This article is from the Bicycles FAQ, by Mike Iglesias with numerous contributions by others.
From: Jobst Brandt <email@example.com>
Date: Mon, 20 Apr 1998 15:31:32 PDT
Dark anodized rims were introduced a few years ago as a fashionable
alternative to shiny metal finish, possibly as a response to non
metallic composites. Some of these rims were touted as HARD anodized
implying greater strength. Hard anodizing of aluminum, in contrast to
cosmetic anodizing, produces a porous ceramic oxide that forms in the
surface of the metal, as much as 1/1000 inch thick, about half below
the original surface and half above. It is not thick enough to affect
the strength of the rim but because it is so rigid, acts like a thin
coat of paint on a rubber band. The paint will crack as the rubber
stretches before any load is carried by the rubber. Similarly,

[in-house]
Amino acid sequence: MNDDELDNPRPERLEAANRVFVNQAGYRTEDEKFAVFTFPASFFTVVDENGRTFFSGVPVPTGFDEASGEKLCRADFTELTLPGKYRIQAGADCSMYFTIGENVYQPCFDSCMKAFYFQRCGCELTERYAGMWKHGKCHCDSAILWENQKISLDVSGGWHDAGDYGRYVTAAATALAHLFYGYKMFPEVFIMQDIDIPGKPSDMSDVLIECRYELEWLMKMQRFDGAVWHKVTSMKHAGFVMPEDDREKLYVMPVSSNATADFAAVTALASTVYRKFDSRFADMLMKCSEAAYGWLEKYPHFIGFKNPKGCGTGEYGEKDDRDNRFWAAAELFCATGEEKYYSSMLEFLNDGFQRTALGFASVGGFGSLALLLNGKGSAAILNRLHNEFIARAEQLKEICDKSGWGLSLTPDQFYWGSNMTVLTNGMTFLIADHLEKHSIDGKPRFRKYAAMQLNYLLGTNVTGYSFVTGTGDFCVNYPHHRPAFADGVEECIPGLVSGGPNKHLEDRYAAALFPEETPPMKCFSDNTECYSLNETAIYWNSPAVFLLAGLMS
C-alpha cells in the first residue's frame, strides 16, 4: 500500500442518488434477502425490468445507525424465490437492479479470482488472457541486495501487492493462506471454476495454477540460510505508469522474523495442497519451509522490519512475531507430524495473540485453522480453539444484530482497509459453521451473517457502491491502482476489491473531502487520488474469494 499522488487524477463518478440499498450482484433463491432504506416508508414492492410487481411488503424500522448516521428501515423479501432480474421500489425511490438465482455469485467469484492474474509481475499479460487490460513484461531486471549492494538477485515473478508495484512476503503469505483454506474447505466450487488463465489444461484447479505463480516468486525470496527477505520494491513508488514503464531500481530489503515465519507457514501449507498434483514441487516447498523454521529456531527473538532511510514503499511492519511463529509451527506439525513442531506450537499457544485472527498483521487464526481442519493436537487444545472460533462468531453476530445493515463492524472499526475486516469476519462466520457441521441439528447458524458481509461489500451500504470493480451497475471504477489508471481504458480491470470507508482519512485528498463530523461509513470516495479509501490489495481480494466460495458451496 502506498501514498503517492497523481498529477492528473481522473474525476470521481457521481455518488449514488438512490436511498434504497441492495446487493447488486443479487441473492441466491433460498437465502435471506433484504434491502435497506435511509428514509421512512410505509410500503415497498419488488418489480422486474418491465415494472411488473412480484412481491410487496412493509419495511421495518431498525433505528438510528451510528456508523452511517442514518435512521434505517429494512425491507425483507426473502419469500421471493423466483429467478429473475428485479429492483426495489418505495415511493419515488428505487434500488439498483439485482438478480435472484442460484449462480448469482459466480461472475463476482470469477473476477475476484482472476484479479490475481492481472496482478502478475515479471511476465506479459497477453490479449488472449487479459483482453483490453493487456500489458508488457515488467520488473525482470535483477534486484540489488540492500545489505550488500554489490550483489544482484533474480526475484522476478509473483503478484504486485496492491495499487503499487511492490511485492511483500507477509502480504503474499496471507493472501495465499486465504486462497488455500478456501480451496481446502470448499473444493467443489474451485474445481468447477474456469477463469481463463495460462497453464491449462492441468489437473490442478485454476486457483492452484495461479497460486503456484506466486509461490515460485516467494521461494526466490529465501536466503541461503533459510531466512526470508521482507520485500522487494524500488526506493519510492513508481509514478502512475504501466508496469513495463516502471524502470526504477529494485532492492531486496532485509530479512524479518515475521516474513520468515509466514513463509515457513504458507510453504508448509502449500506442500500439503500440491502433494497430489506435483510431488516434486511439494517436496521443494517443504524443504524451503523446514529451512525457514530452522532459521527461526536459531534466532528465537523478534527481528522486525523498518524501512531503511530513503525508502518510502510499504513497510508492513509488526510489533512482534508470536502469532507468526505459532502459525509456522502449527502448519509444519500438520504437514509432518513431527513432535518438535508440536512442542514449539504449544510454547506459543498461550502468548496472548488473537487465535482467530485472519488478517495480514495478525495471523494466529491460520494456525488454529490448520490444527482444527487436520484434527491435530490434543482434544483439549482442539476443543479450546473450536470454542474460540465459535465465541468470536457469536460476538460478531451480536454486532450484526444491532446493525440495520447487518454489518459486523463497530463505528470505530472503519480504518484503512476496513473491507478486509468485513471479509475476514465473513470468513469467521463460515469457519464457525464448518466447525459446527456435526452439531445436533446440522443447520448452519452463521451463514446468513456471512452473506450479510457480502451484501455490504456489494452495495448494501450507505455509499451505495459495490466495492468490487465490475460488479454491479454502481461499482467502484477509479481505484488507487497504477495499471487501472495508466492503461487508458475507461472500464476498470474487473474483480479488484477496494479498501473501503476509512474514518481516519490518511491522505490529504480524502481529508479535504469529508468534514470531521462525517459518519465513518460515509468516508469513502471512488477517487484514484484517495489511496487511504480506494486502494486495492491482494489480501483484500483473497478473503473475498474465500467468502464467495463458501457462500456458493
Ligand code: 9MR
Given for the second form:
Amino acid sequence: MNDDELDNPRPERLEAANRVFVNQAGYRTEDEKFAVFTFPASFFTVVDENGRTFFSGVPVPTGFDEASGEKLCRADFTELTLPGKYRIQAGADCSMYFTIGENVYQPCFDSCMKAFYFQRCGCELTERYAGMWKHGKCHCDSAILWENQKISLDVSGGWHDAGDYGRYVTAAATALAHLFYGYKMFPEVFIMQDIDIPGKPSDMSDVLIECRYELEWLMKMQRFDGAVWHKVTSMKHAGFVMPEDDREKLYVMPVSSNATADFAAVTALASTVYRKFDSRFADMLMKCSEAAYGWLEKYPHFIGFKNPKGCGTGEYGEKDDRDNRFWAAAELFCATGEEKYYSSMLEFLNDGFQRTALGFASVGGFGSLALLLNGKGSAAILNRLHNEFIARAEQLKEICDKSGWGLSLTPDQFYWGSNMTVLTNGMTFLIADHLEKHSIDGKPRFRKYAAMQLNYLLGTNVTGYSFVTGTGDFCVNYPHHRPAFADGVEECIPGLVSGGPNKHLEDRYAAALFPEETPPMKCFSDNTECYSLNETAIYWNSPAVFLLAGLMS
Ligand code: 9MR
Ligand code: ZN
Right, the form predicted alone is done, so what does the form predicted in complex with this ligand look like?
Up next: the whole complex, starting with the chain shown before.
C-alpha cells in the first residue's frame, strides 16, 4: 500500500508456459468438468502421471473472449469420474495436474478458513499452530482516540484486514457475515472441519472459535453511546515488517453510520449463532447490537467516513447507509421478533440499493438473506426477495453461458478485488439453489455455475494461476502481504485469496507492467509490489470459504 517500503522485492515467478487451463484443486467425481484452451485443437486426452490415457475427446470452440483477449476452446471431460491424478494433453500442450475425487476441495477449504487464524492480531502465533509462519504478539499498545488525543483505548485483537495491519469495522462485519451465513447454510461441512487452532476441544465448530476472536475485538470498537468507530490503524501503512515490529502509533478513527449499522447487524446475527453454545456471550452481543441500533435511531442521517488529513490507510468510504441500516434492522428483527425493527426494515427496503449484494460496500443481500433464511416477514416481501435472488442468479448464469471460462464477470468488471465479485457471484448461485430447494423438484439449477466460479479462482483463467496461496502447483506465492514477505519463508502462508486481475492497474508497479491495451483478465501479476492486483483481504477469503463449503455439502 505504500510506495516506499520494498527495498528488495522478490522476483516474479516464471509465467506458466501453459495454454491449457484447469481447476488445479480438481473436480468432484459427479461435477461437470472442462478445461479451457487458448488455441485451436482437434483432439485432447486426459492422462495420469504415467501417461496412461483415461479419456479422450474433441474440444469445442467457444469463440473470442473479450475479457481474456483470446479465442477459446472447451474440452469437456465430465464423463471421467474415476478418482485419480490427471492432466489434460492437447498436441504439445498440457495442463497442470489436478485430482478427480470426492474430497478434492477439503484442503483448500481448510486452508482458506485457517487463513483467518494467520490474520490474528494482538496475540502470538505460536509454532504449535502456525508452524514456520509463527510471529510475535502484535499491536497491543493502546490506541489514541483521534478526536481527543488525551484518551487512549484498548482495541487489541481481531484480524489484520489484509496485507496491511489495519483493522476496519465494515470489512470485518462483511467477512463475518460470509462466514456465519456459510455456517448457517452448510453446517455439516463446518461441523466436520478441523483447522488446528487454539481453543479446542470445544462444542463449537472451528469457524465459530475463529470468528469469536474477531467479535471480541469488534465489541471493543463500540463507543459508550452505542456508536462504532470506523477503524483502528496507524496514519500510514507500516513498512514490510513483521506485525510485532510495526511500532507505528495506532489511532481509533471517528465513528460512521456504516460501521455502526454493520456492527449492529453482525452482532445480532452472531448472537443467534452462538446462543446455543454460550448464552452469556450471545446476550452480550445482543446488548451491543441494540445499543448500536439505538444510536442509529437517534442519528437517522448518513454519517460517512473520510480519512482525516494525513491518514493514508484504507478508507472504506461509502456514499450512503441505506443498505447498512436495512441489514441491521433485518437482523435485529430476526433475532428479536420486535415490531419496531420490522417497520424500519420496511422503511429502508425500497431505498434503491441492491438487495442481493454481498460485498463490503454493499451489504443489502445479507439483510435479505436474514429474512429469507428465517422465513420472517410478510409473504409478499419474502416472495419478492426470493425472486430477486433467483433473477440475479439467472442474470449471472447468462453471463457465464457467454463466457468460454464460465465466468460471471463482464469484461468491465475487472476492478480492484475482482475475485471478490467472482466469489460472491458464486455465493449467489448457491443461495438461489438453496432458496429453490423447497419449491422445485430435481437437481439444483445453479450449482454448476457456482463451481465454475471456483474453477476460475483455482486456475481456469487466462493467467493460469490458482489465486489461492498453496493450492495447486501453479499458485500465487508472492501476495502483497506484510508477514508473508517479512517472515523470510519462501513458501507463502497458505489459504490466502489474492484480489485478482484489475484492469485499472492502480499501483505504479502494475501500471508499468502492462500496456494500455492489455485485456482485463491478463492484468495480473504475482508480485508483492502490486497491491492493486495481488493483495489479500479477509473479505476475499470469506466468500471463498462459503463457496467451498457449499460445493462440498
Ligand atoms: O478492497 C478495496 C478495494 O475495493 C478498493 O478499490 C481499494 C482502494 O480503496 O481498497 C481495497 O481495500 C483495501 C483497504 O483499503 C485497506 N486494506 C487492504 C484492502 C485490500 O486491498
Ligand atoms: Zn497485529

anodizing cracks before the aluminum carries any significant load.
Rims are made from long straight extrusions that are rolled into
helical hoops from which they are cut to length. Rims are often
drilled and anodized before being rolled into a hoop and therefore,
the anodizing is already crazed when the rim is made. Micro-cracks in
thick (hard) anodizing can propagate into the metal as a wheel is
loaded with every revolution to cause whole sections of the rim to
break out at its spoke sockets. In some rims, whole sidewalls have
separated through the hollow chamber so that the spokes remained
attached to the inner hoop and the tire on the outer one. In
contrast, colored anodizing is generally too thin to initiate cracks.
As an example, Mavic MA-2 rims have rarely cracked except on tandems,
while the identical MA-40 rims, with a relativley thin anodizing, have
Anodizing is also a thermal and electrical insulator. Because heat is
generated in the brake pads and not the rim, braking energy must flow
into the rim to be dissipated to the atmosphere. Anodizing, although
relatively thin, impedes this heat transfer and reduces braking
efficiency by raising the surface temperature of the brakes. When
braking in wet conditions, road grit wears off anodizing on the
sidewall, an effect that improves braking.
Anodizing is not heat treatment and has no effect on the structural
properties of the aluminum.